Russian Foreign Ministry finds Manning's sentence unjustifiably tough

Russian Foreign Ministry envoy for human rights, democracy and the supremacy of law Konstantin Dolgov has described as unjustifiably tough the sentence of Bradley Manning, a U.S. army soldier and informer of Wikileaks, who was sentenced to 35 years of jail.

Russian Foreign Ministry envoy for human rights, democracy and the supremacy of law Konstantin Dolgov has described as unjustifiably tough the sentence of Bradley Manning, a U.S. army soldier and informer of Wikileaks, who was sentenced to 35 years of jail.

"When the interests of the United States are concerned, the American judicial system like in the case of Manning, makes unjustifiably tough decisions to scare off others without any consideration for human rights' aspects," he said.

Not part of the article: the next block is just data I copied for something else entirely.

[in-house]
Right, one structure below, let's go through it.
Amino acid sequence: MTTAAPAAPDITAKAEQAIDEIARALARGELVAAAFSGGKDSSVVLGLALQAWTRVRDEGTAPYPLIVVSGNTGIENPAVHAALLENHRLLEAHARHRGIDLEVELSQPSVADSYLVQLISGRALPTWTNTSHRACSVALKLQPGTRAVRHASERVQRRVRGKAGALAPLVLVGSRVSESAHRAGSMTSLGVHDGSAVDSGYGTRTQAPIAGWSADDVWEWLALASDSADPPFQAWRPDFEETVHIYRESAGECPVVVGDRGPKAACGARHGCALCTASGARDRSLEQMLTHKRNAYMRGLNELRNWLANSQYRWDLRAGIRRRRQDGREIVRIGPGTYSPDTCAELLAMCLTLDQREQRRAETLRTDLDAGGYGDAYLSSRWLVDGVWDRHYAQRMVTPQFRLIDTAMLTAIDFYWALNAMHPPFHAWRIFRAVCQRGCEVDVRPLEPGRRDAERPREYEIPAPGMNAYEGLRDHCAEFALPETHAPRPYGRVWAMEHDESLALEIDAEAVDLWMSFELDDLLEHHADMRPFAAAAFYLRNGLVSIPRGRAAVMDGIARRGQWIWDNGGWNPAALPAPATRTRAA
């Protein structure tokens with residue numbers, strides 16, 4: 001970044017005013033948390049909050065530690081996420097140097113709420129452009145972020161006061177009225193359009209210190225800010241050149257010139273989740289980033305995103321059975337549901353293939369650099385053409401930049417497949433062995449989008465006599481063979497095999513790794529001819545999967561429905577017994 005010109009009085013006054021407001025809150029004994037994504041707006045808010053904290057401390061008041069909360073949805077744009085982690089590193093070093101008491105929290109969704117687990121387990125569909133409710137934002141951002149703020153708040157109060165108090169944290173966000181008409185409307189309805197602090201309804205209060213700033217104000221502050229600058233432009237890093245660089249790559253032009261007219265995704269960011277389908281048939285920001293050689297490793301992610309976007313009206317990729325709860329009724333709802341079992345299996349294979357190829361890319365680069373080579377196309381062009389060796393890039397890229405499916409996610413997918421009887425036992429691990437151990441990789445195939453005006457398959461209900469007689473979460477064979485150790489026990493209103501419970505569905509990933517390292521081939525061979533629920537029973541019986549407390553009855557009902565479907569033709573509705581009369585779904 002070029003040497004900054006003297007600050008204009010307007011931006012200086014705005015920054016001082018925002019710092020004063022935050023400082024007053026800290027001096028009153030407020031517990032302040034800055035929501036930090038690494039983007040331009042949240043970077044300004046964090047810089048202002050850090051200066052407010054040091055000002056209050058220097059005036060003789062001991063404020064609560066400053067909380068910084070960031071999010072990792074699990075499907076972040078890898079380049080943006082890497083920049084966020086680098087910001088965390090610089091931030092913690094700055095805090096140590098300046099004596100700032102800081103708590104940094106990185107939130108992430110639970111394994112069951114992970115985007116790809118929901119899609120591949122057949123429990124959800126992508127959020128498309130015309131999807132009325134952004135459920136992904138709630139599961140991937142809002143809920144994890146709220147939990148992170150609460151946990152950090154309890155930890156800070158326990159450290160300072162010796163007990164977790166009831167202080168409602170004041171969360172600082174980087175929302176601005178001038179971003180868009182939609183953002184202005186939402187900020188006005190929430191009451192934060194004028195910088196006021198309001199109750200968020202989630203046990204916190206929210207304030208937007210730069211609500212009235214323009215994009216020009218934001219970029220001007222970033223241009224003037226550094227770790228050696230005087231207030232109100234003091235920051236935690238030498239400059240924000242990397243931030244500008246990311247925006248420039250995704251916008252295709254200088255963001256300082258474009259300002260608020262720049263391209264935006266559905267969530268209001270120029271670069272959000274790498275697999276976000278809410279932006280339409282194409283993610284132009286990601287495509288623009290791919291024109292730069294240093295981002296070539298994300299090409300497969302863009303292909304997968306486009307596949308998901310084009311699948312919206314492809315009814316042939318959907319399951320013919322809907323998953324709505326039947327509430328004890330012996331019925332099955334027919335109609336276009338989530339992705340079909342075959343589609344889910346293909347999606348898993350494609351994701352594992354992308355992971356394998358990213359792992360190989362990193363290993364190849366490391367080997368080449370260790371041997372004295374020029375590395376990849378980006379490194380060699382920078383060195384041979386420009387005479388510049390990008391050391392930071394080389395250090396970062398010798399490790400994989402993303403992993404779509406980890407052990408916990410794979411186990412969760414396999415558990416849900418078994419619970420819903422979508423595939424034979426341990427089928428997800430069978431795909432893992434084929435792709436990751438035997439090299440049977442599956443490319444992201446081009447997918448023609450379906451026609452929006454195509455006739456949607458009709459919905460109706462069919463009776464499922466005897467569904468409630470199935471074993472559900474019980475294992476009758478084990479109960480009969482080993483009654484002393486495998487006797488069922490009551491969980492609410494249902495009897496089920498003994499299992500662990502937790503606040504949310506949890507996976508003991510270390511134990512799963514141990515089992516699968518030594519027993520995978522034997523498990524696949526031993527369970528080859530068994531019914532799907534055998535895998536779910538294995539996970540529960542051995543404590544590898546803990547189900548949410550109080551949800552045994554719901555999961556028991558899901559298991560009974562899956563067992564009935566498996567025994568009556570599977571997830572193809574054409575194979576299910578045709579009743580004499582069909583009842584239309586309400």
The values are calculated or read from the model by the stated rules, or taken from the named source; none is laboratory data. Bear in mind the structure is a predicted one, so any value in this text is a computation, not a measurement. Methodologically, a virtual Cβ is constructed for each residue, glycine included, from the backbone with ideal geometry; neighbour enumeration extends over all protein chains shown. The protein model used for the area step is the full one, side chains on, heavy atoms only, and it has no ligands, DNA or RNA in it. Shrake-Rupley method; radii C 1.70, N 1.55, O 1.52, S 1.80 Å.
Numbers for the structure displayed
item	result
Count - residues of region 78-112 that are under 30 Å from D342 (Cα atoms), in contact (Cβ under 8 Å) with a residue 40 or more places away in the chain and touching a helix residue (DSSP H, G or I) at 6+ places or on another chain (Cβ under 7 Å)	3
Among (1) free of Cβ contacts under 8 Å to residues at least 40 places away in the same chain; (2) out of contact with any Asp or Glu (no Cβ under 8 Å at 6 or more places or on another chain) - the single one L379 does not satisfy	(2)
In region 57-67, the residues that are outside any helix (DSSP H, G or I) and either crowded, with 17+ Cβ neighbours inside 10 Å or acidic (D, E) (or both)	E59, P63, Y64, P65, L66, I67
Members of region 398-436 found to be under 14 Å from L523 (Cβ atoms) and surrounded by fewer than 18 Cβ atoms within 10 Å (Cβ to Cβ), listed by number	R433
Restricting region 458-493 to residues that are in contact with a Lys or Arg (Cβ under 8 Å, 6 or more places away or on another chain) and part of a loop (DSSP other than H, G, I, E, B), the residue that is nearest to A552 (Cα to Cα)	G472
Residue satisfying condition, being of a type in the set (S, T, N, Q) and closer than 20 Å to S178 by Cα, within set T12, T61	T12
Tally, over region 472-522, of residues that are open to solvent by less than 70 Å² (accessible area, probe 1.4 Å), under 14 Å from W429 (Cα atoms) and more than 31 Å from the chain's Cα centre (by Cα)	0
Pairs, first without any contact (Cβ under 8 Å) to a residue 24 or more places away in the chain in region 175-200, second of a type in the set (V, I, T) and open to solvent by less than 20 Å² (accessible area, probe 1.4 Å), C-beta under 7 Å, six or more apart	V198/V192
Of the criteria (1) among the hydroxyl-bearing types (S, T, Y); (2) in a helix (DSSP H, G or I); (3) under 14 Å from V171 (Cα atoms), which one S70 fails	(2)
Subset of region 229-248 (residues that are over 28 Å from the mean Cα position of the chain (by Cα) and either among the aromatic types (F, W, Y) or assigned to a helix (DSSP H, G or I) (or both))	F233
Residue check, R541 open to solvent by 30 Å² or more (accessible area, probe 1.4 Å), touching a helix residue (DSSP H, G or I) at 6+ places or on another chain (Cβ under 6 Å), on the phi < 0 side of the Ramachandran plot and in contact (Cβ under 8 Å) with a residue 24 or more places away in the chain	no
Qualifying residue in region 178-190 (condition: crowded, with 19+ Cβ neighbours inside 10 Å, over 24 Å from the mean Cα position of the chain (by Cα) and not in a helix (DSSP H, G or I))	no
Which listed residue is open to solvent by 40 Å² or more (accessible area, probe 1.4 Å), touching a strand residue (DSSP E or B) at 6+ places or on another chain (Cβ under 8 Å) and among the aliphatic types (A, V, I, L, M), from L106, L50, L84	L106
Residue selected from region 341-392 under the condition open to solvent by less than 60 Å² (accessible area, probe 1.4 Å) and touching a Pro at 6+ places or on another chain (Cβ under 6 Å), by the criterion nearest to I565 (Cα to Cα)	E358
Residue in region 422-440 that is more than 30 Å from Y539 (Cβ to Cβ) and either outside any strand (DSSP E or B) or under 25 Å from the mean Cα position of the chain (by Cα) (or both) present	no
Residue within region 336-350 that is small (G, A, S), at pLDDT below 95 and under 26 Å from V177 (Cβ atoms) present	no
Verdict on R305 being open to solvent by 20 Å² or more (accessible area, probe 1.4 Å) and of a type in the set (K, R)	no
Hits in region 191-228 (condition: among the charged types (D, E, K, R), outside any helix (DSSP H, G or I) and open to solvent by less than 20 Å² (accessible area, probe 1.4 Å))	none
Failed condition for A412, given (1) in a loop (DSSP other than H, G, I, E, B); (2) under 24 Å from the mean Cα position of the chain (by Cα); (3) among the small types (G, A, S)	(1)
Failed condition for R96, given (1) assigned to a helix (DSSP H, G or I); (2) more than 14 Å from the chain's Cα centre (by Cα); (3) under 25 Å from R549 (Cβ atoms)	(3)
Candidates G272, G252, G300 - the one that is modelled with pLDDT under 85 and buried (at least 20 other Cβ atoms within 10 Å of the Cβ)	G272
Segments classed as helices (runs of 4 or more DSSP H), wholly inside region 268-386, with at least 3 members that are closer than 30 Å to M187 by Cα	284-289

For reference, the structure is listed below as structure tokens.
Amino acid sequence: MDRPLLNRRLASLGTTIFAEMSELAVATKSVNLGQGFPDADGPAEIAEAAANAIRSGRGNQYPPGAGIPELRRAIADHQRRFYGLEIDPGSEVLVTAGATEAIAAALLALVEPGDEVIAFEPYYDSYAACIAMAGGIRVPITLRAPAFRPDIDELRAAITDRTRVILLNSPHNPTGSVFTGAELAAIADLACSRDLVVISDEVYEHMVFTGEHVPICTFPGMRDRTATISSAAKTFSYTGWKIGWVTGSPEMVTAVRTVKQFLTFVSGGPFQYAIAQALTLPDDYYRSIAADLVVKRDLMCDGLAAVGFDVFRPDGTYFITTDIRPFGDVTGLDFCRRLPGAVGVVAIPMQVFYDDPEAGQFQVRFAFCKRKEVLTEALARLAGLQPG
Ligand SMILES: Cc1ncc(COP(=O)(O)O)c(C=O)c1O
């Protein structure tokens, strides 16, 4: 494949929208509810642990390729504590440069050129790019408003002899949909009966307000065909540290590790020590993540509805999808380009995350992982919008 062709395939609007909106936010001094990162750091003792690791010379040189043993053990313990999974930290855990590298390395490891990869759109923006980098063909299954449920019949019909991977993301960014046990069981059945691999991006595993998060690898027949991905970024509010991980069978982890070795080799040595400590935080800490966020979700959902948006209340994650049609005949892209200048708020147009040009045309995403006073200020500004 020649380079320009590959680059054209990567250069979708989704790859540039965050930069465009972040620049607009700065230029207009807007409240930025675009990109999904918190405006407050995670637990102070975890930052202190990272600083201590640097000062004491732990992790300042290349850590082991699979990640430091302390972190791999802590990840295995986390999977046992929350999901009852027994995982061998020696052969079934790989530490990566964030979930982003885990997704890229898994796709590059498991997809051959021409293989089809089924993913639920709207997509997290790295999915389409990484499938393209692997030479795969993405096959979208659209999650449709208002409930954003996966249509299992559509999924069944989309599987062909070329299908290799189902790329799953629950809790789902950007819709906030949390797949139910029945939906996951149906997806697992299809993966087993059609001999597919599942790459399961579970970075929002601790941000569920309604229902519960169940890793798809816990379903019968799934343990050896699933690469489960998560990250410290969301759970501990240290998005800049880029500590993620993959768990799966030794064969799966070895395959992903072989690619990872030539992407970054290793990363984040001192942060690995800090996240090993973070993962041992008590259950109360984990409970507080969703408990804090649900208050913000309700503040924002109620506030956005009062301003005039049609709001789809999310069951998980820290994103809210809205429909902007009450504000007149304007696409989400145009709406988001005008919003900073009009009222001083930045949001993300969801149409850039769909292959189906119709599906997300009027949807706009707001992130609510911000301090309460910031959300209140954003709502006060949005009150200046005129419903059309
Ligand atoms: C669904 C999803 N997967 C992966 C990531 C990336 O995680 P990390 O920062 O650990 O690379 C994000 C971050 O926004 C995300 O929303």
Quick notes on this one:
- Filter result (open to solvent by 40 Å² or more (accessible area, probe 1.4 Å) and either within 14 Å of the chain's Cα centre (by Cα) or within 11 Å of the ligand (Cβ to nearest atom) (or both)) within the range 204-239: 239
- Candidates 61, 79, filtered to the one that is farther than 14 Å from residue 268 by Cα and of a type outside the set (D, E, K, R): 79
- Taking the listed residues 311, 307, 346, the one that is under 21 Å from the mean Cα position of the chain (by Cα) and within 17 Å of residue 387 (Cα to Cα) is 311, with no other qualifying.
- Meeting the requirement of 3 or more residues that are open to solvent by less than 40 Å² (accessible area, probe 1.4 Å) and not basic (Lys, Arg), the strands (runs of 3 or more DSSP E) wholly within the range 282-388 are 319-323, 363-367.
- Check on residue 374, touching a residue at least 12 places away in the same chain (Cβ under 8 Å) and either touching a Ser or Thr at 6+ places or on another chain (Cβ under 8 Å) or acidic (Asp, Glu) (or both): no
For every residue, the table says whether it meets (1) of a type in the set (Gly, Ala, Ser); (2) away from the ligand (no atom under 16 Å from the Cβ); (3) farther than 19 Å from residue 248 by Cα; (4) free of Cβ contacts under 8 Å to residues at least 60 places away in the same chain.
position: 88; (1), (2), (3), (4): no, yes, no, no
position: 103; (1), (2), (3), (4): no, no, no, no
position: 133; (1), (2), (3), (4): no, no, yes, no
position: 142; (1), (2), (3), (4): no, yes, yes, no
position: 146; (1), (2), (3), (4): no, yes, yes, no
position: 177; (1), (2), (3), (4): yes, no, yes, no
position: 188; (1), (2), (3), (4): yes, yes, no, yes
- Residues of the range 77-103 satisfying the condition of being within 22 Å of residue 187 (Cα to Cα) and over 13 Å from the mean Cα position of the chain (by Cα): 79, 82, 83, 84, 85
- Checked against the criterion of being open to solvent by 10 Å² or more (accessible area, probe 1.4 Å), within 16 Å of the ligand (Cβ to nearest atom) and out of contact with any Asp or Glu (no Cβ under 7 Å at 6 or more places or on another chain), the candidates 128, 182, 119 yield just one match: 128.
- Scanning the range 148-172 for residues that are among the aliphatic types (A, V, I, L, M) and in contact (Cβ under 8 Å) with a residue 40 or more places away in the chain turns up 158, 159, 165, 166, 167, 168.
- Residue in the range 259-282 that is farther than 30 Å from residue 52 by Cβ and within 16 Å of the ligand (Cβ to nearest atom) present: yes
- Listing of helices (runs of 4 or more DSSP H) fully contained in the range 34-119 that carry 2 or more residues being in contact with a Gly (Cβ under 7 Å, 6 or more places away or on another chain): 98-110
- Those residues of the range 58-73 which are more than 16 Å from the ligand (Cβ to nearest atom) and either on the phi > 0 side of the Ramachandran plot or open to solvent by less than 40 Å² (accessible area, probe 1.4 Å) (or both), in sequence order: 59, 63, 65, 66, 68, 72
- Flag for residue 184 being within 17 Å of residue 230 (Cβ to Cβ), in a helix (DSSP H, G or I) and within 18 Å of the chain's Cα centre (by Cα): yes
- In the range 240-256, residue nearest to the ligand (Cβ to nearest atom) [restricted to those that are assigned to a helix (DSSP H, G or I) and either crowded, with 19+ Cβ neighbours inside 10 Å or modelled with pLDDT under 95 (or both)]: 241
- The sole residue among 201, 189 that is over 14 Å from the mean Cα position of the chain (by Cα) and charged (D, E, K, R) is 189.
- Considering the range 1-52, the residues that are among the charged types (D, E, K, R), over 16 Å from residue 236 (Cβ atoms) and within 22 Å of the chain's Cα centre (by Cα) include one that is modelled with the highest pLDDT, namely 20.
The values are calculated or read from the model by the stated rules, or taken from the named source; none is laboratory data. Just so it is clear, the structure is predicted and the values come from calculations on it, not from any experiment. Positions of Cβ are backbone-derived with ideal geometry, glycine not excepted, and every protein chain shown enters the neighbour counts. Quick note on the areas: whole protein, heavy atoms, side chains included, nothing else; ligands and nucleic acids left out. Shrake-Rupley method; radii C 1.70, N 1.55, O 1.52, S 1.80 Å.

"Such manifestations of dual standards regarding the supremacy of law and human rights once again prove that U.S. claims for leadership in these important spheres are groundless," Dolgov said.

"According to the reports of many human rights organizations, including American, the information disclosed by Manning exposed numerous abuses by the U.S. army in Iraq and Afghanistan, including the death of civilians, the torture of prisoners and other crude violations of international law on human rights, in a word, everything that the U.S. government so enthusiastically advocates and promotes throughout the world," Dolgov said.

"Despite the energetic demands from mechanisms of international control in the sphere of human rights, in particular, special procedures of the UN Human Rights' Council and the human rights community nobody in the United States was ever punished for these offenses," Dolgov said.

Manning was convicted in July of most of the charges, including several violations of the Espionage Act, but was acquitted of aiding the enemy, the most serious charge.

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